2023 was the year of generative AI and its impacts were felt across the cybersecurity landscape. Not only because of the threat it poses when in the hands of malicious actors, but also because of the way it can be used to tackle them.
And realistically, generative AI is not going away in 2024. We’re going to look at how it might evolve, and also share some other predictions for the cybersecurity industry over the next 12 months.
AI and LLMs
Cybercriminals have already been taking advantage of the benefits of generative AI in helping to develop and scale complex cyberattacks and this is likely to continue in 2024. According to Patrick Harr, CEO at SlashNext, “we should also expect the rise of 3D attacks, meaning not just text but also voice and video,” for example deep fake audio and videos impersonating people in positions of power. Concerns around the 2024 US presidential election have already been raised as fake Joe Biden robocalls have started to appear.
In addition to this, the data used by AI companies to train LLMs could become a target. Drew Perry, Chief Innovation Officer at Ontinue expects to see “a major breach of an AI company’s training data exposing the dark side of large language models (LLM) and the personal data they hold that were scraped from open sources.”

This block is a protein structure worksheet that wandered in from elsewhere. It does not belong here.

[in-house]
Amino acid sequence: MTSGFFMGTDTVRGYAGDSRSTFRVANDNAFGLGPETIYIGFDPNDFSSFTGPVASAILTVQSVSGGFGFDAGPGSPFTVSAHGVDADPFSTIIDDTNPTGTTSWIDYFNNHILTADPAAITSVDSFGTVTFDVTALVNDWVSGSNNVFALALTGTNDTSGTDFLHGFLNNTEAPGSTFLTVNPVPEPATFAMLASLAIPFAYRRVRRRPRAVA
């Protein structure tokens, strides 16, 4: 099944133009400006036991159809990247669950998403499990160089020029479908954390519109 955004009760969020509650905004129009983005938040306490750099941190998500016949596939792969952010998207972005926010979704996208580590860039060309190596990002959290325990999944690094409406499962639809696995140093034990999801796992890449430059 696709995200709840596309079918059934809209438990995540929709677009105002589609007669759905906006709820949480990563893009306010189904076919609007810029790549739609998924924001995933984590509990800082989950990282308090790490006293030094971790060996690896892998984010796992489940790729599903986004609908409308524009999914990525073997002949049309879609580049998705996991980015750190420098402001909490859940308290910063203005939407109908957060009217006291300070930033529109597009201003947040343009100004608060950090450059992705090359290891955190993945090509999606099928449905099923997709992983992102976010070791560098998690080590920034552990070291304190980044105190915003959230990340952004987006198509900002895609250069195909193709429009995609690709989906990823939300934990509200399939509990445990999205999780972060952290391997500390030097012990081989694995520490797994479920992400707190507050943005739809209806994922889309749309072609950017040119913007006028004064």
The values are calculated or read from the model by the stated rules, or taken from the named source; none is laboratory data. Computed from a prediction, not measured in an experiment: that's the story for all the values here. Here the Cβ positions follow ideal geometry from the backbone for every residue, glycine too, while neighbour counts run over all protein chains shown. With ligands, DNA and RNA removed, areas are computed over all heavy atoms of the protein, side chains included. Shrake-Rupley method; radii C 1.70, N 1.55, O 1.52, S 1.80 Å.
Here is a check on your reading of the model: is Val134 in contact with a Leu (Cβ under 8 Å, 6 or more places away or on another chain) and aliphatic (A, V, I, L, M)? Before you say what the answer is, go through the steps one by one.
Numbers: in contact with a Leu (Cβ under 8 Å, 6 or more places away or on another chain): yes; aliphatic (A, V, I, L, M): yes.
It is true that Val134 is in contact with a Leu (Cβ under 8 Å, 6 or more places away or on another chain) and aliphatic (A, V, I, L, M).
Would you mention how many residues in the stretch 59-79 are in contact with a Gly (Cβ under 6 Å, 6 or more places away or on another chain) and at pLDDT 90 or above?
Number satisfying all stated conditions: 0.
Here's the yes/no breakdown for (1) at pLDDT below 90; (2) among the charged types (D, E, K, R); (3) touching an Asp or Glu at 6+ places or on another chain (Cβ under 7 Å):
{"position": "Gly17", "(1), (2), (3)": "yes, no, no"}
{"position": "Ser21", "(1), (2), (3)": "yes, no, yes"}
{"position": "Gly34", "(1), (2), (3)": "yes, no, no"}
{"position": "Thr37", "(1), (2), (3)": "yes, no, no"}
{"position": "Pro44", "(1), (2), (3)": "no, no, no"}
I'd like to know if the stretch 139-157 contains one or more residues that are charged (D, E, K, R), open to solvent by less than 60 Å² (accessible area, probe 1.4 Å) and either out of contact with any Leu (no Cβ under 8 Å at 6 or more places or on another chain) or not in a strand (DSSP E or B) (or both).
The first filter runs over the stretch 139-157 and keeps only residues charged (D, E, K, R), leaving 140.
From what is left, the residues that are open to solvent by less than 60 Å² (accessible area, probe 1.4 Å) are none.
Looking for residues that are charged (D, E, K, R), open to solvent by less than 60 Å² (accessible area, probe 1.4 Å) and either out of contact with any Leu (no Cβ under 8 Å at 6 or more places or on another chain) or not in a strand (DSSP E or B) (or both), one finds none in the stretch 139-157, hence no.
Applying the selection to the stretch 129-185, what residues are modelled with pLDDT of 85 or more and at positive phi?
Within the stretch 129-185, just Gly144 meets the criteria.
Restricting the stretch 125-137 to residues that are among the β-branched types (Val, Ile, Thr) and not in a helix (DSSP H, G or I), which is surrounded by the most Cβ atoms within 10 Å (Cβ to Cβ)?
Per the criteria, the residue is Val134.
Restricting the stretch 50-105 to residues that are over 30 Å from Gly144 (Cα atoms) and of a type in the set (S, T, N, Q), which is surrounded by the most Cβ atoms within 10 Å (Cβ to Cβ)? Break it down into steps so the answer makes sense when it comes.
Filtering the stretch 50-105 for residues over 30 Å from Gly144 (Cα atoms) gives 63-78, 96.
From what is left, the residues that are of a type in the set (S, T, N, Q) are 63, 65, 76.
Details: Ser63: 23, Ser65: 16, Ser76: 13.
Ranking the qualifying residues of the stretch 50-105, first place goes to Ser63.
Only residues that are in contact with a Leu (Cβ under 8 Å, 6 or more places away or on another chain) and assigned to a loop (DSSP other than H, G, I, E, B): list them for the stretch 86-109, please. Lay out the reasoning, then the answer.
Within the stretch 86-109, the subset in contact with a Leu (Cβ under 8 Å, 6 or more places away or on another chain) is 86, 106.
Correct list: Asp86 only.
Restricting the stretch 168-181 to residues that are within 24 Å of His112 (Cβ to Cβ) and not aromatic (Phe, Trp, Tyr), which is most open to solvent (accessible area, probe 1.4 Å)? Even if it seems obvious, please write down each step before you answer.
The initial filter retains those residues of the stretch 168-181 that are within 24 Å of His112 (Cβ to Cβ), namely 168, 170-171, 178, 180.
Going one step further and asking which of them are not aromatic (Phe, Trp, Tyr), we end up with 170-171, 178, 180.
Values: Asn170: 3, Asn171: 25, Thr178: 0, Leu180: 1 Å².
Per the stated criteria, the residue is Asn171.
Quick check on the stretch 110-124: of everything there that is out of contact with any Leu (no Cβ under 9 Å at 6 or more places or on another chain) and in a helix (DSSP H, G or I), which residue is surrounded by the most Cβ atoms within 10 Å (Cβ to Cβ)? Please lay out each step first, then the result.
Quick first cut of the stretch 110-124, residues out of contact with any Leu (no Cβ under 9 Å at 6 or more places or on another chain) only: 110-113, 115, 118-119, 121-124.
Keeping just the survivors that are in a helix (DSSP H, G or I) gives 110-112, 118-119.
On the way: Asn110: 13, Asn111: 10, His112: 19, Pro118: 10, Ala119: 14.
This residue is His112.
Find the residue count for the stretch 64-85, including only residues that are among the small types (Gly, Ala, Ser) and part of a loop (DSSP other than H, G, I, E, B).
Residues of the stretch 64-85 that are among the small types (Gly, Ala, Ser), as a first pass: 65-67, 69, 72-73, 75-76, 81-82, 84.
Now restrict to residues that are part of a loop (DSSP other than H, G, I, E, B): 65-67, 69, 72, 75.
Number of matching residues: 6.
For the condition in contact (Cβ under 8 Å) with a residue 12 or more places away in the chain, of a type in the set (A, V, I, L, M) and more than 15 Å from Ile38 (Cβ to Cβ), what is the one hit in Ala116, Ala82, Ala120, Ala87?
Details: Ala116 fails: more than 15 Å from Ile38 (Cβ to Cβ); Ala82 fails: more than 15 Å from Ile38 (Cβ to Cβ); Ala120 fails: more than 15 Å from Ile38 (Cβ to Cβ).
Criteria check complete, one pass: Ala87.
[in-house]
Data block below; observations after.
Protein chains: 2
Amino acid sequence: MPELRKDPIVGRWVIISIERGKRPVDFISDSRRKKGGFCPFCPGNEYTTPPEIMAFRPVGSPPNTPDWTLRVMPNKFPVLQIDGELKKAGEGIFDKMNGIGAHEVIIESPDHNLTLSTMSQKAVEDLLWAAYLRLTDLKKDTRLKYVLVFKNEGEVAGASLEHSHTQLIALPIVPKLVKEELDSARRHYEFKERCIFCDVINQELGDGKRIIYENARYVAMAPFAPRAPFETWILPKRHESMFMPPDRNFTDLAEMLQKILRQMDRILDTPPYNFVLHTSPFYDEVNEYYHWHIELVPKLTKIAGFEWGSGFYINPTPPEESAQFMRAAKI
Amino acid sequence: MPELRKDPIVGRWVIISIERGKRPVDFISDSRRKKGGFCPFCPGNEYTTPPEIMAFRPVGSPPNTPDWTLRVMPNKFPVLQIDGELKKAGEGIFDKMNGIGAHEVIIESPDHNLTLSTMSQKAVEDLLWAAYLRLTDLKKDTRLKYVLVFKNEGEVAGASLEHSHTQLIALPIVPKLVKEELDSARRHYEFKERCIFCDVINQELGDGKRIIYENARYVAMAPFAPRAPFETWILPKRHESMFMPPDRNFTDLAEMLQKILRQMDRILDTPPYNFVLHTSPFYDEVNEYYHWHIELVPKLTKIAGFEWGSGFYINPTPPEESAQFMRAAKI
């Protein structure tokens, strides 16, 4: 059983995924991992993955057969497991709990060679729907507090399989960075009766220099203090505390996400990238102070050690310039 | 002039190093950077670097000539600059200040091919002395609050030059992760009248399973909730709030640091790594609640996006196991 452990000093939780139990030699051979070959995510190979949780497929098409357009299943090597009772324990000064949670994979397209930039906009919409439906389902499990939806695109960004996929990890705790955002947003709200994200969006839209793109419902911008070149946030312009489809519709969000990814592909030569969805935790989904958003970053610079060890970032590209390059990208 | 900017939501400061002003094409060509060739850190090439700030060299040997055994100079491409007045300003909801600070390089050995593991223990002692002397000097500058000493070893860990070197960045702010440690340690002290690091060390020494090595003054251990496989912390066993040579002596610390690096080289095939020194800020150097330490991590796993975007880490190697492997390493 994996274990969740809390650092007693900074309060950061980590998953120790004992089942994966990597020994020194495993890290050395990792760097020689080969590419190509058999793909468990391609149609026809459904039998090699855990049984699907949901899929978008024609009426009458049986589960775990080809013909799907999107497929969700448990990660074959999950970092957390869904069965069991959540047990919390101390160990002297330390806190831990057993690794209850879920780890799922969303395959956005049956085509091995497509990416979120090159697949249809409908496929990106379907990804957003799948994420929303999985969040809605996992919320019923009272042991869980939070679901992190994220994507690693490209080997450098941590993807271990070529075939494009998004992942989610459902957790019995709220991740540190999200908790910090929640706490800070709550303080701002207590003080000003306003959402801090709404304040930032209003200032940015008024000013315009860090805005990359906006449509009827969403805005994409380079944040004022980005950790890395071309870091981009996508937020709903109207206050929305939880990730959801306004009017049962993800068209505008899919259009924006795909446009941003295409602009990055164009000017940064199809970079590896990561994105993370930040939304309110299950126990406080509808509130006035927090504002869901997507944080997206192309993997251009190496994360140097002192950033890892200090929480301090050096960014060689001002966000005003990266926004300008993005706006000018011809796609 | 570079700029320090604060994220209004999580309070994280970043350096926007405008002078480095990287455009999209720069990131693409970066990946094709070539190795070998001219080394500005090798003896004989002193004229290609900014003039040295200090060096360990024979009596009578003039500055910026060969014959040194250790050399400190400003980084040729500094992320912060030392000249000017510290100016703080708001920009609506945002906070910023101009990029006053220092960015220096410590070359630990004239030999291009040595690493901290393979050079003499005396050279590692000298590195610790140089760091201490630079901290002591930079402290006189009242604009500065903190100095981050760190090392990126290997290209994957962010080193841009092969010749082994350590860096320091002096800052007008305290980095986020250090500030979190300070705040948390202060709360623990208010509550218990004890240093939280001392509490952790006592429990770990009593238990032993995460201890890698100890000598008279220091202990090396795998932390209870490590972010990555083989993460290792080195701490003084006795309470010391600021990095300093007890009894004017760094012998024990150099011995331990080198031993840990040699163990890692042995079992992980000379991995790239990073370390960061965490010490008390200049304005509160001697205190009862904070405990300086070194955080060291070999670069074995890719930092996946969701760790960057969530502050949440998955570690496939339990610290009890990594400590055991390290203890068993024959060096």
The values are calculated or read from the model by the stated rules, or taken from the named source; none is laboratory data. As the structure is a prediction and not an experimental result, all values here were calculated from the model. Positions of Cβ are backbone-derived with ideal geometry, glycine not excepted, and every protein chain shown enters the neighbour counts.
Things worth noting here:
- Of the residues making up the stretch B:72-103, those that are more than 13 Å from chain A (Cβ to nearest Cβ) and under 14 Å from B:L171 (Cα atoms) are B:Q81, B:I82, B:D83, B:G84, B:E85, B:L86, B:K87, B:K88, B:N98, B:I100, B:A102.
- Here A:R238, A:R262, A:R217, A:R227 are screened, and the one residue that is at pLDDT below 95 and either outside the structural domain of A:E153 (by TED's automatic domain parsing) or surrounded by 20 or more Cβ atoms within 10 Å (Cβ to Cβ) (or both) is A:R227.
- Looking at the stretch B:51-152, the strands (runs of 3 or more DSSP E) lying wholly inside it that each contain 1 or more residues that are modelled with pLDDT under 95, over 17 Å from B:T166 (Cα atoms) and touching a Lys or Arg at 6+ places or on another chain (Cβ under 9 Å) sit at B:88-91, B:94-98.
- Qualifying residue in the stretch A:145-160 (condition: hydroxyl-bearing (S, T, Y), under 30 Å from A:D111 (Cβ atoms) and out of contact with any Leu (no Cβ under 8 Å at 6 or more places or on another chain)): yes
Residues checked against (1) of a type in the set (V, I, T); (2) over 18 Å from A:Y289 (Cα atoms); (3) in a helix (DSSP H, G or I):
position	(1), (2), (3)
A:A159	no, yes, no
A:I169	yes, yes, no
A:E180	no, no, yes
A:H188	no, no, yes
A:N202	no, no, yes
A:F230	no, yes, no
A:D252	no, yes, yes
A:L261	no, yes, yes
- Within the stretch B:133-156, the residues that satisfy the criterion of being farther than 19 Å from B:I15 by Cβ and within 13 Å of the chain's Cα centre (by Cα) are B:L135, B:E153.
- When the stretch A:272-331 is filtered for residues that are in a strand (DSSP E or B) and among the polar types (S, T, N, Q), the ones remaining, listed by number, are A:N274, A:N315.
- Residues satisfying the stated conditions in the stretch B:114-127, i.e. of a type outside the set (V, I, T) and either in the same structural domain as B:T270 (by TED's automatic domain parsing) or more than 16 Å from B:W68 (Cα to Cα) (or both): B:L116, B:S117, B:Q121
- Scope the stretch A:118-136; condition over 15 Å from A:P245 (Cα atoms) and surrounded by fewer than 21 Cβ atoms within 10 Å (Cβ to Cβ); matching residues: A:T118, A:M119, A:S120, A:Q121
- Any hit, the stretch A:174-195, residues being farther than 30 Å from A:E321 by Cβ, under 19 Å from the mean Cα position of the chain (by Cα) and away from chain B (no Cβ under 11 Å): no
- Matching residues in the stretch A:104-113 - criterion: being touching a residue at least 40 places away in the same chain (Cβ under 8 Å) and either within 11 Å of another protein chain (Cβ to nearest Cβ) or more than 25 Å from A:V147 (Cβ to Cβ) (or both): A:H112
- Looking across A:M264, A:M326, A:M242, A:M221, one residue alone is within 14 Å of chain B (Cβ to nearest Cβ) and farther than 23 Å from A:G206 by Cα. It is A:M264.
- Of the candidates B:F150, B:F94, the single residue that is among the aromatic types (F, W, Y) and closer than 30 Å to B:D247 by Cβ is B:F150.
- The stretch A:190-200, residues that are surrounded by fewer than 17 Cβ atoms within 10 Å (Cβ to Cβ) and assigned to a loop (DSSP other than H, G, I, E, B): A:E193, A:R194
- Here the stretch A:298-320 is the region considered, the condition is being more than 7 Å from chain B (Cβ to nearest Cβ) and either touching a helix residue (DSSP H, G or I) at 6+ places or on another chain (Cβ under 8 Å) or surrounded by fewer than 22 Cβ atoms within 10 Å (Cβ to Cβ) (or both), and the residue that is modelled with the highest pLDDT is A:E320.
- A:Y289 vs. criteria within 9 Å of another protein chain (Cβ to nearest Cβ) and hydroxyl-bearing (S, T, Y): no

A bit like phishing, but instead of using emails to trick people into clicking malicious links, criminals will exploit QR codes (which have become much more widely used since the pandemic) in the same way. According to Kern Smith of Zimperium, “This type of attack currently bypasses traditional web and email gateway controls, allowing attackers to easily embed a malicious URL containing custom malware into a QR code that could then exfiltrate data from a mobile device when scanned.”
Increase in mobile crime
As our lives become more dependent on our mobile devices, they become attractive targets for cyber criminals, as the amount of data available from them is huge. Google and other security experts predict that there will be an increase in mobile-specific attacks in 2024, including mobile malware, banking trojans, and phishing attacks. And scammers will still be using social engineering techniques, such as posing as banks, or government officials, to trick victims into downloading malicious apps to their smartphones.
As the number of IoT (internet of things) devices we use grows, and more aspects of our lives become interconnected, it will likely lead to new vulnerabilities. Because many of these devices lack adequate security measures, they are very attractive to hackers. As a result, manufacturers of these types of devices need to prioritise security above all else to protect against these types of threats.
These are just a few predictions of how the cybersecurity landscape might evolve in 2024, but as always, when it comes to security and technology, things can change very quickly.